Ryanair passengers who missed their flights because of long airport queues are taking legal action after the airline made them forfeit their tickets.
In just one week in September, more than 150 Ryanair passengers missed their flights from Stansted because of this problem, and that toll has continued to rise.
We’ve heard from three passengers who missed different flights between September and October – a month after the introduction of extra security measures brought in at UK airports because of an alleged terrorist plot.
All three argue that Ryanair should have provided more check-in desks and opened them earlier while security queues were longer than normal following the tighter checks introduced in August.
BAA, which owns and operates seven UK airports, says that more people have missed flights at Stansted because of this problem than at any other UK airport.
Pregnant Lucy Coles, 36, is set to take legal action against Ryanair. She’s arguing that the airline didn’t provide ‘reasonable skill and care’ in its service and it could have opened check-in desks 30 minutes earlier.
Lucy missed her flight to Bergerac in September. She said: ‘The check-in opened at 5.20pm and it was very slow, as only two desks were open for our flight, and because people kept pushing in. We pointed this out to a Ryanair employee, but nothing was done. We then queued to get through security. This took some time because of the additional security checks – and no-one was allowed to queue jump, regardless of what time their flight left.’
By the time Lucy and her husband reached the gate it was closed. Their luggage was taken off the plane. Ryanair refused to put them on another flight, and they lost £654 – the cost of the flights plus hotel and car hire deposits.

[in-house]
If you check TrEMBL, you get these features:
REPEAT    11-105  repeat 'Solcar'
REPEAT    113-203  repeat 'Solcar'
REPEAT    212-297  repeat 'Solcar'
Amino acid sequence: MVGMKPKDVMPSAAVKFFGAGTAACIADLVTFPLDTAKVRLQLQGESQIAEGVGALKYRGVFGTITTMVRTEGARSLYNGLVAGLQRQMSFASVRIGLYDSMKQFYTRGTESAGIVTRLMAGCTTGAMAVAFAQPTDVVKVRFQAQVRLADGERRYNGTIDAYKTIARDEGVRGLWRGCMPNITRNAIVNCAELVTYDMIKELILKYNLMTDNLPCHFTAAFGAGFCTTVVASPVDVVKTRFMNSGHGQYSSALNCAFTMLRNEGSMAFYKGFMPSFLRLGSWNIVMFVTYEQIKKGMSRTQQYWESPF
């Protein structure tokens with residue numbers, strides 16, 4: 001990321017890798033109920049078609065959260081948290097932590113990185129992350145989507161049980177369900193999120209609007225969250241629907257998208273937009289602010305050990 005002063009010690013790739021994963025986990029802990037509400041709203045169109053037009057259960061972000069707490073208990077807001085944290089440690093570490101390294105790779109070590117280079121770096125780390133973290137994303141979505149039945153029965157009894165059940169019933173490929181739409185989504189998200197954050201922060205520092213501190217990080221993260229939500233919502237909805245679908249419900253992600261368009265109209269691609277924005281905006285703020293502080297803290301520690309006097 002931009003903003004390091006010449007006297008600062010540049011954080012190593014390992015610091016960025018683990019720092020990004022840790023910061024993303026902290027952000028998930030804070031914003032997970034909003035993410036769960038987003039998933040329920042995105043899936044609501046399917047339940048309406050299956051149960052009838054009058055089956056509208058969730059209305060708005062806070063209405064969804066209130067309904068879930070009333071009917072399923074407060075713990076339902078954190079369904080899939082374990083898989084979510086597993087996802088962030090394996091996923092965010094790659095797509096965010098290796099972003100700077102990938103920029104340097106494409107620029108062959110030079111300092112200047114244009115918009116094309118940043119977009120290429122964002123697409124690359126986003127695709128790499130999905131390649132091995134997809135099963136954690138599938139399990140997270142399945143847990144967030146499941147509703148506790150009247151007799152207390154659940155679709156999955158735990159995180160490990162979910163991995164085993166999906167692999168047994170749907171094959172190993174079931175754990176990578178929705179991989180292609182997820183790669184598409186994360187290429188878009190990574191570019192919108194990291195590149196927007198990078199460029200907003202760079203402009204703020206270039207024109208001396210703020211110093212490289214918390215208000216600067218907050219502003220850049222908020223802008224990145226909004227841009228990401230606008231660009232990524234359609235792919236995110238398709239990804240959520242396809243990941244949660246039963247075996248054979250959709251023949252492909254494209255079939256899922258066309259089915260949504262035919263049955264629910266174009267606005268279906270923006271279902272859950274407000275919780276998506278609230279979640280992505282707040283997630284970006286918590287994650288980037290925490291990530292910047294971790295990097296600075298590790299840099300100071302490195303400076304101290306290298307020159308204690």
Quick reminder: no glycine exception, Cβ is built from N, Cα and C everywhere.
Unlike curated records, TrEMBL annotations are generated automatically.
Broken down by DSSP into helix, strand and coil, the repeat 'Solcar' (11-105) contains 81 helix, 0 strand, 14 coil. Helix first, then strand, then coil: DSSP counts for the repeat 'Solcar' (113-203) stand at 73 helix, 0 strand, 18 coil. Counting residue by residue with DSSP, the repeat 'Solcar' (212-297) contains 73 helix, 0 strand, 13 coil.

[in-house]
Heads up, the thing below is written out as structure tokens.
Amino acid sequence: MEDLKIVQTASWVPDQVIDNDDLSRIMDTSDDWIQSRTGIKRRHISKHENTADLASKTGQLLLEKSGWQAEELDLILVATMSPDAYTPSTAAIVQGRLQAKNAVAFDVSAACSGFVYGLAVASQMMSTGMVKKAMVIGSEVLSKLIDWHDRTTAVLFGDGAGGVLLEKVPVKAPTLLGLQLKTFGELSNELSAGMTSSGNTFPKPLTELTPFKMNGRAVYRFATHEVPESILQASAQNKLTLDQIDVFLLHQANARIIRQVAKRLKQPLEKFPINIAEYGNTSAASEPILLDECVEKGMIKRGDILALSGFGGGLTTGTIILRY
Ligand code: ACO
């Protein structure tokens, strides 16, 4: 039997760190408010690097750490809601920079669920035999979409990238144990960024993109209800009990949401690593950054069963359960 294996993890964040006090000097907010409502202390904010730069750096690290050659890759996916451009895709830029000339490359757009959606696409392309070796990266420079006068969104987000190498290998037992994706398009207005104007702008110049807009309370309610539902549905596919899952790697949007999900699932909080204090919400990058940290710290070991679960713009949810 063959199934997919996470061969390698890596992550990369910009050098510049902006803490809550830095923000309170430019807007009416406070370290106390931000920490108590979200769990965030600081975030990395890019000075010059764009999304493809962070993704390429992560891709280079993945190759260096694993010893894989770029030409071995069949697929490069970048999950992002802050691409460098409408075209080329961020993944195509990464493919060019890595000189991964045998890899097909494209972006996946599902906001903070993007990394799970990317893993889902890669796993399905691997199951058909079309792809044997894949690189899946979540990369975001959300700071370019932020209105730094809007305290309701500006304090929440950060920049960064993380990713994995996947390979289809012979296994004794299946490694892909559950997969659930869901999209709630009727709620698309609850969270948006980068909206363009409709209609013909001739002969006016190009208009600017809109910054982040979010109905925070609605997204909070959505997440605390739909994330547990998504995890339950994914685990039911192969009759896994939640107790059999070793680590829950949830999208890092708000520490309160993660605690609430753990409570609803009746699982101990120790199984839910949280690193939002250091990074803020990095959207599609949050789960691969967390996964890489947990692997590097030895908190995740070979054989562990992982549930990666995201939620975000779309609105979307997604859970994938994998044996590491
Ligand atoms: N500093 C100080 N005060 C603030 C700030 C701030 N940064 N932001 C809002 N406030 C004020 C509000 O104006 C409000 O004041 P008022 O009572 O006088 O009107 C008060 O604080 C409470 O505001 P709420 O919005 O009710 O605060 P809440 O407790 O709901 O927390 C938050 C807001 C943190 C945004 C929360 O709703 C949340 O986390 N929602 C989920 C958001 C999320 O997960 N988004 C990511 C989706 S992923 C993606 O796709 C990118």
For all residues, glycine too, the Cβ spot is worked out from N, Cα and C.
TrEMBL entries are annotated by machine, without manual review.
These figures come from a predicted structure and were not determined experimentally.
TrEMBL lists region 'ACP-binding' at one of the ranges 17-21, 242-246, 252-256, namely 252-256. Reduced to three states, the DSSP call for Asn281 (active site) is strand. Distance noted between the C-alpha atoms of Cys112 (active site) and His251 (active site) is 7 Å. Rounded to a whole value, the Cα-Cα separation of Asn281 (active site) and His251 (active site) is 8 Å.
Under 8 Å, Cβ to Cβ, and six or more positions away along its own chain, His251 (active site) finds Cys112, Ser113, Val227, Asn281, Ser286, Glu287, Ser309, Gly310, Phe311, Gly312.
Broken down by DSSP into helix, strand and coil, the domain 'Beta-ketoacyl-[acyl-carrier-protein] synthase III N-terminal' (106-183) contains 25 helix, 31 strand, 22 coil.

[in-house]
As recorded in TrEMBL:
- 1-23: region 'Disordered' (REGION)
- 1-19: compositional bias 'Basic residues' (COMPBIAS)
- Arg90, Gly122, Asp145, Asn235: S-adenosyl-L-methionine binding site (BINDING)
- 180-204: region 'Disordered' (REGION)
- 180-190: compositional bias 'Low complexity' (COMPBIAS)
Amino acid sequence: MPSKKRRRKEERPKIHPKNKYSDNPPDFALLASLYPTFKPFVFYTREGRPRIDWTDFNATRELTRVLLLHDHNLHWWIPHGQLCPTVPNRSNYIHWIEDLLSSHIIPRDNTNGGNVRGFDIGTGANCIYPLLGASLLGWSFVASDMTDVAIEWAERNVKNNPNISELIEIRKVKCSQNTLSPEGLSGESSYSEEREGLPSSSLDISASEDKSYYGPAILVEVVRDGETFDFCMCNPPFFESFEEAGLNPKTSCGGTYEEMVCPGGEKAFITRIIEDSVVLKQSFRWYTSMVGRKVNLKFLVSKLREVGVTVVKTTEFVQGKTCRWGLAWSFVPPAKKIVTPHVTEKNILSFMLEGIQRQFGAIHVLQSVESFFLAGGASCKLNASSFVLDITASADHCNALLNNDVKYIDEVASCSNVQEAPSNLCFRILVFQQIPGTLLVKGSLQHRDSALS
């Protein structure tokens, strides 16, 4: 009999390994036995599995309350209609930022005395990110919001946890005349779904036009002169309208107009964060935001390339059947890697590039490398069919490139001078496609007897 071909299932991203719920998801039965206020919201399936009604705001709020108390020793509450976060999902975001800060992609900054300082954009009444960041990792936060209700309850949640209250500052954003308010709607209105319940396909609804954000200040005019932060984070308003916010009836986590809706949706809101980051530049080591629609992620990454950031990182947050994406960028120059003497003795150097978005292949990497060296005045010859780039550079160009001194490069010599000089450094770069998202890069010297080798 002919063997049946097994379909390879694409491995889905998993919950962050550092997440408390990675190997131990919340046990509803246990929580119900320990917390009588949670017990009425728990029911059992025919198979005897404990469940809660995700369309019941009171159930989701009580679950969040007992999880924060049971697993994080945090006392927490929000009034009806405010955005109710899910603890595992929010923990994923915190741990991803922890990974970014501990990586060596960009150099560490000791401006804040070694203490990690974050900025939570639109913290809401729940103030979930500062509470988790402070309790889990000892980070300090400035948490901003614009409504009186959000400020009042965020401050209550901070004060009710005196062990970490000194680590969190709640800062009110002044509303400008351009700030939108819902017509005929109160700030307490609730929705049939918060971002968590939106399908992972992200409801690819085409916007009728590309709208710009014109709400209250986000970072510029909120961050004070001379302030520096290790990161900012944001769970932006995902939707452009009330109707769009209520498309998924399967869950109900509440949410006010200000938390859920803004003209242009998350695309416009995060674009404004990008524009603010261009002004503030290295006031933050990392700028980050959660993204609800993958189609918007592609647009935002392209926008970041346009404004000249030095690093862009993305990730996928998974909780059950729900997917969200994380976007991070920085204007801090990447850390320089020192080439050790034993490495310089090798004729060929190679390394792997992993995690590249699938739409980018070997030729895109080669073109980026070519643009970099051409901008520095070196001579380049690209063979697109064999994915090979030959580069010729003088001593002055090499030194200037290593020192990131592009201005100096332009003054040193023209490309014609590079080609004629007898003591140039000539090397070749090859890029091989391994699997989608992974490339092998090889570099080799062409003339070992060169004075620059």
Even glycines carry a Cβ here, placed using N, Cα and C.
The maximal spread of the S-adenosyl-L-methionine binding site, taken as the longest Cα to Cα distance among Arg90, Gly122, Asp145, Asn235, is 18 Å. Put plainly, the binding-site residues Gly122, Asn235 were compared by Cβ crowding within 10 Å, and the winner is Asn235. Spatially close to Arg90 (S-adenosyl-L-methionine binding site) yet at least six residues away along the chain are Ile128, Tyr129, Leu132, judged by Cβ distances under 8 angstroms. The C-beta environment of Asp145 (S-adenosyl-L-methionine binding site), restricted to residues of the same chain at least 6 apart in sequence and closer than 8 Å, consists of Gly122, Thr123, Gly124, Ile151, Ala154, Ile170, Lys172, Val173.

Ryanair told us: ‘Check-in desk opening at two hours prior to departure is more than sufficient as long as check-in has been completed by 40 minutes prior to departure as it was in this case.’
Ryanair has publicly blamed BAA. A spokesman said: ‘Ryanair apologises to all of our passengers for the continuing security delays at Stansted which have been caused by the failure of BAA, who run Stansted Airport, to fully staff their security points through peak periods.’
In response to Ryanair’s criticism BAA said: ‘BAA doesn’t accept failure at Stansted Airport. We accept that queues are longer then we would want but we have sufficient staff and equipment to get passengers through in good time to get flights.
‘We think Stansted and Ryanair should work together to deliver better service for customers rather than engaging in a war of words.’
Meanwhile, rival no-frills airline EasyJet which has a smaller operation than Ryanair at Stansted, says its passengers have been leaving as normal. It said it has always supported the efforts of BAA through the continued enhanced security measures.
Both EasyJet and British Airways told Which? that if passengers missed their flight because of security check delays, they’d be put on another flight at no extra charge.